Seven : Five – The Final Confusion

Here we are! Part five! Jumped the shark? Let's find out! My last couple of books follow below, along with the previously errant Stephen Crane, with a few thoughts about reading poems afterwards.

First, a round-up of the different parts to the past month's reading challenge:

part 1 – Newman, Hesketh, Riviere, Newman, Brainard, Doegar, Ehin
part 2 – Hammond, McFarlane, Fowler, Un, Tamás, Wetherington, Jenks
part 3 – Morgan, Campaign in Poetry anthology, Armitage, Riley, Williams, Welton
part 4 – Prado, Moore, Lindsay, Miller, Chingonyi, Jenkins, Hazzard
part 5 – you're in it! See below:

Jay Bernard, The Red and Yellow Nothing (Ink, Sweat & Tears Press, 2017)
Invented prelude to a medieval poem about Morien – a young knight who travels from Moorish lands to Camelot, in search of his father (who abandoned the Moorish princess he had promised to marry, leaving before Morien was born). Looks at early European romantic ideas of blackness and the author writes about Morien in a way in which: "the particular history that produced the author that reproduces [and in some ways contaminates] him is not inevitable." The poems themselves that tell the story are very varied in form, style and register, lots of rhetorical flourish and startling moments. Utterly contemporary in feel – mixing race, mixing gender, mixing styles of text all together to tell the story. Good to read it in one go, to hold it all together in my head. It's been shortlisted for the Ted Hughes Award too.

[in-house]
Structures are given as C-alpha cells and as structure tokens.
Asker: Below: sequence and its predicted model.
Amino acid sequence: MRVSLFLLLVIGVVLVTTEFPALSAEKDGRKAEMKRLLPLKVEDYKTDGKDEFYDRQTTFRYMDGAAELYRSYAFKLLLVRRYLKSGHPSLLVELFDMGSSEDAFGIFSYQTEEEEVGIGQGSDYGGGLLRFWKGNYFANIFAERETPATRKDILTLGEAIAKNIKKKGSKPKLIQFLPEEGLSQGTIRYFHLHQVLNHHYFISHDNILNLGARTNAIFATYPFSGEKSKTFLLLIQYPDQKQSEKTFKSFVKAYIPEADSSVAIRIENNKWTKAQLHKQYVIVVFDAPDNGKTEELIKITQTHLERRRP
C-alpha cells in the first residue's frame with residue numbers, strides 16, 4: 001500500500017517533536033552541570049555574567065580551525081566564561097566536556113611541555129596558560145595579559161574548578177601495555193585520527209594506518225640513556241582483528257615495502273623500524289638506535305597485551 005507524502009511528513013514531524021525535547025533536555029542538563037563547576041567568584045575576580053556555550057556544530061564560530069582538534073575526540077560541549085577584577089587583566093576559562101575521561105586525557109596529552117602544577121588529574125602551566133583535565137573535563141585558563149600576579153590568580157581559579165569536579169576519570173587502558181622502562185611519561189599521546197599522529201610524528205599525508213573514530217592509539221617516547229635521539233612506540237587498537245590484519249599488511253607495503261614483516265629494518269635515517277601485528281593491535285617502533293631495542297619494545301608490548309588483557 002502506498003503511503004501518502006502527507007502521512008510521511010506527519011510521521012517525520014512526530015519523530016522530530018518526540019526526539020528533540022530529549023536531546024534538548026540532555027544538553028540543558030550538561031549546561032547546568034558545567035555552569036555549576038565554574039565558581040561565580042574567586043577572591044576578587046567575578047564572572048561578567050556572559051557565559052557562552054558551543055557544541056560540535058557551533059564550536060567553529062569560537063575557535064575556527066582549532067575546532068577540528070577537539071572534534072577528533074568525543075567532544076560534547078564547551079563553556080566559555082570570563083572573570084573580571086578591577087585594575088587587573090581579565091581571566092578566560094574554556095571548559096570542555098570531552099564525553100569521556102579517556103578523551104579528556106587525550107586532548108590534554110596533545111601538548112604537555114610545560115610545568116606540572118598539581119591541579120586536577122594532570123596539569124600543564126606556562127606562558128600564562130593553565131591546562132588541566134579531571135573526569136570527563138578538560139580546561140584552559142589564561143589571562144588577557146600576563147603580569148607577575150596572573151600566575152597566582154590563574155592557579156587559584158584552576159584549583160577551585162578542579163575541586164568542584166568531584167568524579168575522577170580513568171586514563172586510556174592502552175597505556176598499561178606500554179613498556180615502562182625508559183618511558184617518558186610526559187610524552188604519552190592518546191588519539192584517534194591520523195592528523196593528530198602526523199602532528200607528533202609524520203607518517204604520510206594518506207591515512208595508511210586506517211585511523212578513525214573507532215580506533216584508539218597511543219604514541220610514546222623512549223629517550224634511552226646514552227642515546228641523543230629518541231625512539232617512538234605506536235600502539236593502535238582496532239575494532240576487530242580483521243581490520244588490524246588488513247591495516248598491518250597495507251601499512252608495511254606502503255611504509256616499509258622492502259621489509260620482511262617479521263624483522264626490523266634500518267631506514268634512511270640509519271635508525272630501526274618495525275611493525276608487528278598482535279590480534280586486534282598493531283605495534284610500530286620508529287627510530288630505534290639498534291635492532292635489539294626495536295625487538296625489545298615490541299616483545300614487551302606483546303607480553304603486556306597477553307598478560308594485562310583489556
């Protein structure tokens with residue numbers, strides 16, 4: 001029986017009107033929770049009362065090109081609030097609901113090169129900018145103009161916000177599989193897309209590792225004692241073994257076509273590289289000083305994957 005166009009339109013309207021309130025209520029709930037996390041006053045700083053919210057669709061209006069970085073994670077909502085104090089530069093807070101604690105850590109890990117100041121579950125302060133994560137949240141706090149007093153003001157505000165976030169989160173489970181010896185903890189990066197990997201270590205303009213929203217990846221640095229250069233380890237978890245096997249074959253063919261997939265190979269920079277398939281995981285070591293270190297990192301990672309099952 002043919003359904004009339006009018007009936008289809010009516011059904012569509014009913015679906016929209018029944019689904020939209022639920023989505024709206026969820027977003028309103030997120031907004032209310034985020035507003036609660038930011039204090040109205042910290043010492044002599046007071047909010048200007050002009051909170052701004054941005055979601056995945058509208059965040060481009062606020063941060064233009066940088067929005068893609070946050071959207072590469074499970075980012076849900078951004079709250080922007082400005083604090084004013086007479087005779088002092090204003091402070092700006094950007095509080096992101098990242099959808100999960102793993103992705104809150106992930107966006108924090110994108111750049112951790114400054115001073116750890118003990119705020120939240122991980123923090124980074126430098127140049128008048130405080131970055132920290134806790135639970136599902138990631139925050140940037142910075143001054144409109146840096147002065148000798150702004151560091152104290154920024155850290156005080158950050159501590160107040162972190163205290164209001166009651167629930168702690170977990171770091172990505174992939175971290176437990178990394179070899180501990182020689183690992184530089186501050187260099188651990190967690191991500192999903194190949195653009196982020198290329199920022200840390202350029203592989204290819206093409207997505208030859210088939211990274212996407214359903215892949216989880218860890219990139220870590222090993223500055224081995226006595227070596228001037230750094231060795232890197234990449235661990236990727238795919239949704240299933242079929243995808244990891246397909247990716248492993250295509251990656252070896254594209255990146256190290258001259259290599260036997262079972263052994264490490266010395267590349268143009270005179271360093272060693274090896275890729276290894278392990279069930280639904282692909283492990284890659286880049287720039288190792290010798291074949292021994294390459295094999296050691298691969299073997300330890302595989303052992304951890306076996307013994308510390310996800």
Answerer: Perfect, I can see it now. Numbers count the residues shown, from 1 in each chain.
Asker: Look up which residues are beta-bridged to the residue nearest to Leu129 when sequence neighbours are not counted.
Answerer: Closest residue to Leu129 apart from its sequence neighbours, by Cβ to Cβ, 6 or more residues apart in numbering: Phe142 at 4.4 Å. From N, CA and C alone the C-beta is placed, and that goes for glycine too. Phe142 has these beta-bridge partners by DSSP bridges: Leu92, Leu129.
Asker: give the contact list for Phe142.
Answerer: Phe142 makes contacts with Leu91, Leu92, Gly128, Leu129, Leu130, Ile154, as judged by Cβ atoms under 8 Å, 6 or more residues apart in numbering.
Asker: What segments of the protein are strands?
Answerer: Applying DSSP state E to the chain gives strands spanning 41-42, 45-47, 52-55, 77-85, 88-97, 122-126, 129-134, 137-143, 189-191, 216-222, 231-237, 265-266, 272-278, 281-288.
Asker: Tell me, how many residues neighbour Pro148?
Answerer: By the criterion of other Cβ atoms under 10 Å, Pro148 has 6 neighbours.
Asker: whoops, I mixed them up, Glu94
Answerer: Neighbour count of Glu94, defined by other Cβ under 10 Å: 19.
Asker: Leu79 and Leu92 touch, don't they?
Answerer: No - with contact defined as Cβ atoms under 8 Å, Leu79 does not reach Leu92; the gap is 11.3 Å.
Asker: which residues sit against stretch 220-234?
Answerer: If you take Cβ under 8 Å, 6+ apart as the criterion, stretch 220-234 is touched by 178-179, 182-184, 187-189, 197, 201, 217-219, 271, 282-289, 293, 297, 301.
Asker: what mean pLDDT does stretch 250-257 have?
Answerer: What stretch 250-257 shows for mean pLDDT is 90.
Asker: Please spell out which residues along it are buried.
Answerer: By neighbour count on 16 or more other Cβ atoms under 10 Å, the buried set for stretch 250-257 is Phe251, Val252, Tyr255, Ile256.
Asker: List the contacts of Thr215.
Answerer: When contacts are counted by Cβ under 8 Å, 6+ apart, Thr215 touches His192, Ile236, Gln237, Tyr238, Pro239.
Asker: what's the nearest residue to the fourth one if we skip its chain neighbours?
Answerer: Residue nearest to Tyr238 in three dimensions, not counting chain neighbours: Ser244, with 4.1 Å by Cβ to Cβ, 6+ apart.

Eds. James Davies, Tom Jenks, Scott Thurston, The Other Room Anthology 9 (Other Room Press, 2017)
Once a year the Other Room reading series in Manchester publishes an anthology of work by poets who have read there, with a focus on experimental writing. Although this was maybe a bit rougher to read all in one sitting, because there are so many ideas and styles swirling around here, there is lots of very interesting work here. Geraldine Monk's piece is an investigation on water, many seas, droplet by the very bones droplet. Sam Riviere's piece is broken down fragmented texts, timestamped a bit like live tweeting a news story maybe. Other pieces of illustrated texts, essays, more conventional framing, unconventional forms, a list of notes and names of birds in the garden... Lots to see here. Lots to show what is possible.

Stephen Crane, Poems (Chatto & Windus, 1972)
Finally here, out of the bag and unpacked. I like this. I also, again, cannot remember when on earth I bought this lovely pink and teal seventies edition. He died in 1900, and was best known for his American Civil War novel The Red Badge of Courage. I think that's as much as I remember ever knowing about him, and I don't recall ever having read his poems before. They are sparse, succinct, title-less short verses, with no particularly visible interest in rhyme or any particular form. He takes abstractions, such as war, love, god, and anthropomorphises them in a sort of slight symbolic or impressionistic way. I think that's why these poems get described as "timeless". There's not a huge amount of detail of the age, as it focuses on people's impulses more than their specific contexts. They feel like poems about how he sees the world. God is both dead and alive. There are spirits. But for the most part it feels very-- human. A heavy cynicism, or perhaps realism, especially where war is concerned. Here is a short poem I especially liked, a nice way to end: